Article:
Sottolano, 62, who lives in the town’s Tariffville section, recently returned from a mission trip to Jamaica with Songs for Sound, a group based in Nashville that works to provide cochlear implants and hearing aids to deaf children.
Sottolano explained that 360 million people worldwide suffer from some form of disabling hearing loss, but the problem is particularly dire in Third World countries, where children with disabilities are often left to fend for themselves.
So after receiving backing from Mark Hoch, general manager of New Country Motor Car Group , Sottolano joined the group’s founder, Jaime Vernon, two audiologists and two speech therapists to help bring hearing aids to children attending the Jamaica Christian School for the Deaf.
The volunteer group had four days to conduct hearing and comprehension tests for more than 60 deaf students at the school. Within that short time period, the group was able to distribute nearly 70, $1,000 hearing aids so that every child was fitted with at least one, and in some cases, two devices.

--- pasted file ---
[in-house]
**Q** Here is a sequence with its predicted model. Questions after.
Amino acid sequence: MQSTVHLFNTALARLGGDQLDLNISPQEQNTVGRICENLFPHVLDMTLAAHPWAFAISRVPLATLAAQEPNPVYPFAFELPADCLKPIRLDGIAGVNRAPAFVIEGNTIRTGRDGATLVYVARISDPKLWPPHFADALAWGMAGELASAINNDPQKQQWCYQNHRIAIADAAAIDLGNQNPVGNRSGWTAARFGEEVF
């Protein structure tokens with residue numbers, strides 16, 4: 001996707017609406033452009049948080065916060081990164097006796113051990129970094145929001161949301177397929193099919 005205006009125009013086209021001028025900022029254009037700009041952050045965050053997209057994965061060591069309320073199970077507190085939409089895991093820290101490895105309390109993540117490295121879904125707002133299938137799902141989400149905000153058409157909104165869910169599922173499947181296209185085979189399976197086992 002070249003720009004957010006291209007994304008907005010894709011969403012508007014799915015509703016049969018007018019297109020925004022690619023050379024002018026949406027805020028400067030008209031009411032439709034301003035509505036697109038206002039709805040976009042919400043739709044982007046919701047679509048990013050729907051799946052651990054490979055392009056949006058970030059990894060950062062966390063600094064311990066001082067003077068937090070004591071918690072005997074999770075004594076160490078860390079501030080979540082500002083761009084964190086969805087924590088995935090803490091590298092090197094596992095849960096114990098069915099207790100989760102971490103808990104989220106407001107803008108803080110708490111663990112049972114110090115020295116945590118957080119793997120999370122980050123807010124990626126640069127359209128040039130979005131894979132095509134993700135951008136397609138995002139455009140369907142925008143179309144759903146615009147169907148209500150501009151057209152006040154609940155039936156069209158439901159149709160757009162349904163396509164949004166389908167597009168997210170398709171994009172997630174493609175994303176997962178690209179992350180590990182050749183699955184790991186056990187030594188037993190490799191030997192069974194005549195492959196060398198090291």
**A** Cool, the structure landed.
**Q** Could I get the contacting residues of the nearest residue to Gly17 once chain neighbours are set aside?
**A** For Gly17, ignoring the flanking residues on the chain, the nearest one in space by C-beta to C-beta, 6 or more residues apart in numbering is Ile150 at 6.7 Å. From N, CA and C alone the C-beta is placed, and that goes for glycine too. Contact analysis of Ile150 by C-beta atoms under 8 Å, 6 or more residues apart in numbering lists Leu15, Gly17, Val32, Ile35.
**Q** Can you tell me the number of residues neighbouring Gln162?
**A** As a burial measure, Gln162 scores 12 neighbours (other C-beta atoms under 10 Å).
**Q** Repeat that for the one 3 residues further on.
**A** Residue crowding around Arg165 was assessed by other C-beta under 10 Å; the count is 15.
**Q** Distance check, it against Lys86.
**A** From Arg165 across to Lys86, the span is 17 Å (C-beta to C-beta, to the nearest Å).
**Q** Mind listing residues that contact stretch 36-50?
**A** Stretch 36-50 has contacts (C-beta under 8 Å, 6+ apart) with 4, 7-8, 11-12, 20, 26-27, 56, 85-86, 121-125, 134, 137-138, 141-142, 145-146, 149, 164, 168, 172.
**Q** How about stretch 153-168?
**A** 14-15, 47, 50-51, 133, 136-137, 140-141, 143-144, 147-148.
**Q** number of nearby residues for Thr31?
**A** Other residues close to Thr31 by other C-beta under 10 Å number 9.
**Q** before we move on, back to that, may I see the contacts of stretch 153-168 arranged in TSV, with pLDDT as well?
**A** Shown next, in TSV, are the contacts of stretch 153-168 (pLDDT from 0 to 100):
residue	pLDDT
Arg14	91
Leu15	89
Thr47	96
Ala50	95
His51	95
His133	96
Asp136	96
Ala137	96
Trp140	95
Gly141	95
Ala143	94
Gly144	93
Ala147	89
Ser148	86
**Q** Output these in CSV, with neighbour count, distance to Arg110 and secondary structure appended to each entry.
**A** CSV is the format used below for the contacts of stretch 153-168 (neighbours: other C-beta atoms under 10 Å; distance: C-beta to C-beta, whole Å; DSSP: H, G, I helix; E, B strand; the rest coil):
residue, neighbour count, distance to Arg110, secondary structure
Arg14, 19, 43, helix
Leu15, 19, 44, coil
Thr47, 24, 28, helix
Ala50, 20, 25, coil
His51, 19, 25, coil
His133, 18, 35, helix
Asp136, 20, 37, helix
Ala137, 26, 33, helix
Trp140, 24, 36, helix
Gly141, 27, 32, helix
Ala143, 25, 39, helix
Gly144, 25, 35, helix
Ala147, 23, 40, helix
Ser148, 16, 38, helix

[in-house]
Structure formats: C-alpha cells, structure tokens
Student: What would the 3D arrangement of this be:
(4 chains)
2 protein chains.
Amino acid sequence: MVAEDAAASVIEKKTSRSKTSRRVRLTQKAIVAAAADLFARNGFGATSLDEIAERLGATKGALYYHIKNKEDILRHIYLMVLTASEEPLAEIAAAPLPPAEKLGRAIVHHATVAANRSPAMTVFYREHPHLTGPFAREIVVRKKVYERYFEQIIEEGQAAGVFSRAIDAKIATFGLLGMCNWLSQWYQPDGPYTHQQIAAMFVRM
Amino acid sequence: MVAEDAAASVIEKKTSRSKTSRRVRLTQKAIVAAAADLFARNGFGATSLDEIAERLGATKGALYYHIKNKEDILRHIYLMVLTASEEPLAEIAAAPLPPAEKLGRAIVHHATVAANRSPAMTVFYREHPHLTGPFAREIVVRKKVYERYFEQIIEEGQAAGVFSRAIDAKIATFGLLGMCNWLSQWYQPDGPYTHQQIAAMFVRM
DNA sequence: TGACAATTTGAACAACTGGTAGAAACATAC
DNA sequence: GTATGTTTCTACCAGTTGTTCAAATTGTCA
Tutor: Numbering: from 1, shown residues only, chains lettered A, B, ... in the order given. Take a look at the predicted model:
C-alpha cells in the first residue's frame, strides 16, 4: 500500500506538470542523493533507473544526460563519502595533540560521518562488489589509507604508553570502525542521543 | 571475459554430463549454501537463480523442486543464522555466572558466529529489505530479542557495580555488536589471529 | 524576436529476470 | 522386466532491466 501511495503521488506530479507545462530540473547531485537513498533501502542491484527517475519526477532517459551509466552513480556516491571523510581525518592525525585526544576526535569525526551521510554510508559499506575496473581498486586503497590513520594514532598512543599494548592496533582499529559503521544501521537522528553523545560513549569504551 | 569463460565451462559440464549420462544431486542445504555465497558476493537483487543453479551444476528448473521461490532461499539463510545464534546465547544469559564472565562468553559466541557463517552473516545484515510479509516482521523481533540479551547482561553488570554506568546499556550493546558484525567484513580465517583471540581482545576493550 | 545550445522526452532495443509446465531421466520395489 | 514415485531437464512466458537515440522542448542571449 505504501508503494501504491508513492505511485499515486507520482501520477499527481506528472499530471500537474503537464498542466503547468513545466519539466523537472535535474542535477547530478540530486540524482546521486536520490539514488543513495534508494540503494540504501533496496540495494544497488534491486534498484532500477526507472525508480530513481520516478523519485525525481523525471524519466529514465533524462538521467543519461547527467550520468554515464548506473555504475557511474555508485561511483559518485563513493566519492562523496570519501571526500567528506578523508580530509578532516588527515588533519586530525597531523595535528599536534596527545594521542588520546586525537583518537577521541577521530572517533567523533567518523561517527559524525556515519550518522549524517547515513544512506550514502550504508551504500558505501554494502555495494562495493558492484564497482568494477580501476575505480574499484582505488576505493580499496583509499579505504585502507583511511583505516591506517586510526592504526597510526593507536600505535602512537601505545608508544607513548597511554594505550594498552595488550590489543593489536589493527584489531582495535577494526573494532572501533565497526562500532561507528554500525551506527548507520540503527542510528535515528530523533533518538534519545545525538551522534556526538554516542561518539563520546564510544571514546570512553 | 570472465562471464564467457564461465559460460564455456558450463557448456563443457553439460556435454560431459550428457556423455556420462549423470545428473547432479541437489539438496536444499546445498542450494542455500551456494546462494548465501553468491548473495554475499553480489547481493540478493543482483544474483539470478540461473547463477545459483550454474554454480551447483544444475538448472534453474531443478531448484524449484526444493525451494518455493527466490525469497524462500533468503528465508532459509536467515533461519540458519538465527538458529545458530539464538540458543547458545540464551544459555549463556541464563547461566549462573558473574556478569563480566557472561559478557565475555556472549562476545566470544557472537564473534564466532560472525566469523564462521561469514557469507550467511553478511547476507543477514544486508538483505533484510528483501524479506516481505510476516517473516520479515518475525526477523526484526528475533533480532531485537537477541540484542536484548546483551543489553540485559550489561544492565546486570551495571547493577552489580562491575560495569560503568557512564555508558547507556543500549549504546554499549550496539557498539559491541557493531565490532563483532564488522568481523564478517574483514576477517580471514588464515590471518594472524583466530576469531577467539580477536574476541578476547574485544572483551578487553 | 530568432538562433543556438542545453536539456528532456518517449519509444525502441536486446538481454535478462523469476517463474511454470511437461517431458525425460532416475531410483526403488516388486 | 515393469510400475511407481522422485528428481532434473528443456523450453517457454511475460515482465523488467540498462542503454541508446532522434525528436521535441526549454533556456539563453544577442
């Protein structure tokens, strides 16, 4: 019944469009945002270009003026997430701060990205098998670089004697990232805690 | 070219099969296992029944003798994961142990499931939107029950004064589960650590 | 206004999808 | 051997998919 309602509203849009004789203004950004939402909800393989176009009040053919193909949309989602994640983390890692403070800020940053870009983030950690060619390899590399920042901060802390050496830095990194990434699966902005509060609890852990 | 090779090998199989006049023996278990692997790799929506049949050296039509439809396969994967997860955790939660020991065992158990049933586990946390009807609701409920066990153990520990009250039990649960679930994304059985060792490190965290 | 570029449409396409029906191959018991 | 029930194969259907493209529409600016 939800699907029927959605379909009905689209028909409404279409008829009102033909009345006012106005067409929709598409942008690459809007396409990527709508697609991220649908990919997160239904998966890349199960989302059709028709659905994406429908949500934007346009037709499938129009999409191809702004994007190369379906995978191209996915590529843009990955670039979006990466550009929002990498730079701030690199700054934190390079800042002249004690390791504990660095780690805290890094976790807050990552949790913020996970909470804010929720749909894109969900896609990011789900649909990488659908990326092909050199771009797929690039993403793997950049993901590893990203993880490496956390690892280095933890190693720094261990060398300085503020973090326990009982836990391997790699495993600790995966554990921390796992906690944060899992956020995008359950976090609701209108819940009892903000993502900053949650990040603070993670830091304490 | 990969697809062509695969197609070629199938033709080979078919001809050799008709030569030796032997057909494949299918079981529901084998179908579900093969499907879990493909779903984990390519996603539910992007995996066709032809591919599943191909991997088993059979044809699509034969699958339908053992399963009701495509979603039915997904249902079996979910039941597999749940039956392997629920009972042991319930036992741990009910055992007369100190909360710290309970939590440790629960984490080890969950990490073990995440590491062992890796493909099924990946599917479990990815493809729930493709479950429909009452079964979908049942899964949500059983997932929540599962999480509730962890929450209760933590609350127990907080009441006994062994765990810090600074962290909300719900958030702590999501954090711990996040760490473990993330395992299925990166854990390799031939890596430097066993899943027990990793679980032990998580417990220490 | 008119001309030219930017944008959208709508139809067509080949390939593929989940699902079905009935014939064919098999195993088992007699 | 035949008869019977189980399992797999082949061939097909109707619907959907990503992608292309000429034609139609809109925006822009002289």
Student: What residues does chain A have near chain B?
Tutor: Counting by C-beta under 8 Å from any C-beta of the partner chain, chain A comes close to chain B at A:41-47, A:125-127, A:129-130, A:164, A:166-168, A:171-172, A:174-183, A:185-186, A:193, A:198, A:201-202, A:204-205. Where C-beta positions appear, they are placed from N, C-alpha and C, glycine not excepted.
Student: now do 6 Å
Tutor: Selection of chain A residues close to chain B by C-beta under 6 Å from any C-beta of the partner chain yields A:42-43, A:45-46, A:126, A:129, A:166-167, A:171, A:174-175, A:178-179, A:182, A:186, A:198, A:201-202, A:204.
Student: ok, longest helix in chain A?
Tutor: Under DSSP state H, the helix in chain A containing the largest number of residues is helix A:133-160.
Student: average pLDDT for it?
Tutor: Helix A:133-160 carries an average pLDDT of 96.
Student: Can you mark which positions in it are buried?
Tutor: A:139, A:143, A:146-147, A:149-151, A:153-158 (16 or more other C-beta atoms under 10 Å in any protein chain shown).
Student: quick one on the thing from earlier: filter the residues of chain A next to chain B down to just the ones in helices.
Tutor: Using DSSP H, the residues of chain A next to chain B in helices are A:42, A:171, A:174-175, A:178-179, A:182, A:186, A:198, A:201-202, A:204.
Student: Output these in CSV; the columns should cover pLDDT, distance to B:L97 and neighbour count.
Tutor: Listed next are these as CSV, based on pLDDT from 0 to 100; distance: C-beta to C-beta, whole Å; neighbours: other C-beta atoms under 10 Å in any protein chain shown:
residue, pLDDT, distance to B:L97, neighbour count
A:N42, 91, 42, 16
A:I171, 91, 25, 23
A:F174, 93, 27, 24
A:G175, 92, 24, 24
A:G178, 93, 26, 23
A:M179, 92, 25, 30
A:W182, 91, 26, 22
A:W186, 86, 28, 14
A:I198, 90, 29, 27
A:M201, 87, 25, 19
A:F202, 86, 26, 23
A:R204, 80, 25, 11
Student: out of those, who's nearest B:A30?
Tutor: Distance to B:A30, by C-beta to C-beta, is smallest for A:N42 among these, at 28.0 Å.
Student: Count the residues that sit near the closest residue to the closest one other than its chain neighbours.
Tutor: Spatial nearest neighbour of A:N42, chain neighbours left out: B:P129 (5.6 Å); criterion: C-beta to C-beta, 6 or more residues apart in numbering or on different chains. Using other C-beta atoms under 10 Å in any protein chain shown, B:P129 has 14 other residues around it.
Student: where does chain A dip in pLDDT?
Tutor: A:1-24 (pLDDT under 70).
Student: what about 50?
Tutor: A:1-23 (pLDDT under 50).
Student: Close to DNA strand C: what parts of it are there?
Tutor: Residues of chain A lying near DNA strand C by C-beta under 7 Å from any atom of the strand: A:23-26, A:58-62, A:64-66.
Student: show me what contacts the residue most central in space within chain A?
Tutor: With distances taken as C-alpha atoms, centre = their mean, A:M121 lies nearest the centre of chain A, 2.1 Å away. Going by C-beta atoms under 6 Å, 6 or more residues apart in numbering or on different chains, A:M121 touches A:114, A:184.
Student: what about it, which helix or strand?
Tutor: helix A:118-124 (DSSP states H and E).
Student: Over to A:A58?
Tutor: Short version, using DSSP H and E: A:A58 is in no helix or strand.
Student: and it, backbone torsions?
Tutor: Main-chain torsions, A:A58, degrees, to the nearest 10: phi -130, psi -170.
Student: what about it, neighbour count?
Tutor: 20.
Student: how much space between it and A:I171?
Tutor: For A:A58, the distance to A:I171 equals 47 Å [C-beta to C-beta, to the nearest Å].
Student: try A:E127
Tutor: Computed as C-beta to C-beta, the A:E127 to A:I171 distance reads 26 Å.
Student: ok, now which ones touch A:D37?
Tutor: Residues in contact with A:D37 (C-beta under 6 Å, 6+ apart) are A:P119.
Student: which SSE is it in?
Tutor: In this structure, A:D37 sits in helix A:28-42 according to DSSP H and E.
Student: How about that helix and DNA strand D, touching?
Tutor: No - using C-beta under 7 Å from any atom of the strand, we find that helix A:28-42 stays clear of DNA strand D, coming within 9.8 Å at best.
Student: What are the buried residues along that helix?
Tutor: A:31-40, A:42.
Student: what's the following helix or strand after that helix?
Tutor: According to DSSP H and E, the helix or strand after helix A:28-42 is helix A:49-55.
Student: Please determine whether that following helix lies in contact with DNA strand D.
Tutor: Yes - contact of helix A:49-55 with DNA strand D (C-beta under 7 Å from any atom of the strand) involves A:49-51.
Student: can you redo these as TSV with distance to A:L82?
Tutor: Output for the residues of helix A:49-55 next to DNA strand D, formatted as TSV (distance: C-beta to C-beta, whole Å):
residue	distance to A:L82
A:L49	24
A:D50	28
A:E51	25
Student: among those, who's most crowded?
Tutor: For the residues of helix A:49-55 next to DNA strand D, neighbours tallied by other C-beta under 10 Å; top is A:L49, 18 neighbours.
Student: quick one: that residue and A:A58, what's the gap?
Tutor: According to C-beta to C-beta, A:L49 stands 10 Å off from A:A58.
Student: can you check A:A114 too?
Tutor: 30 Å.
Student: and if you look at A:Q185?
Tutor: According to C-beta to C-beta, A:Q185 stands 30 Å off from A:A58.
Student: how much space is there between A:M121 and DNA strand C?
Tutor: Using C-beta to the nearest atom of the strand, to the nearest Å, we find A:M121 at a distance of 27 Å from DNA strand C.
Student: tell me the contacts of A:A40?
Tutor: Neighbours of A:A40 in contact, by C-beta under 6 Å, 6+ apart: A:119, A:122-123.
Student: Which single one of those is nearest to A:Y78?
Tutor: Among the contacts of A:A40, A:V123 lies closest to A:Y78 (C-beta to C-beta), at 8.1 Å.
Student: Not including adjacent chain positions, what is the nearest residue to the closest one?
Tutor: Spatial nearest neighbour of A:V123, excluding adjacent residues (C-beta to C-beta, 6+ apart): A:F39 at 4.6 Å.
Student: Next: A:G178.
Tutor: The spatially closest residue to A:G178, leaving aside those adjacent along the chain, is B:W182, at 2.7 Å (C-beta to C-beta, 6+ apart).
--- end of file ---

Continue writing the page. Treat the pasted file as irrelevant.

“My job was to document all of this,” said Sottolano, who is working on a documentary for the organization. “Everyone did what we had to when we were down there and in the end we got it done. And every single child, to our amazement, gained some level of sound.”
Sottolano captured the children’s reactions as they heard the sounds of others and the sound of their own voices for the first time.
“It is the most rewarding thing that you could possibly imagine,” he said, explaining that the speech therapists would cover their mouths as they made a series of three distinct sounds for each child to repeat. “When you look at the videos, you’re going to be amazed.”
Sottolano described one moderately deaf teenaged boy who was able to articulate words within hours of receiving his hearing aids.
“In the course of a couple hours, his speech capability improved, he was self-correcting,” he said, adding that one of the most amazing moments happened after the therapist said, ‘I love you.’ “He turns back, clear as a bell, he says ‘I love you.'”
The group now hopes to raise money to return to the school this fall.
“The goal is to try to go back and take it to the next level now,” Sottolano said. “We planted a seed … Hopefully, some of these kids will be recipients of cochlear implants.”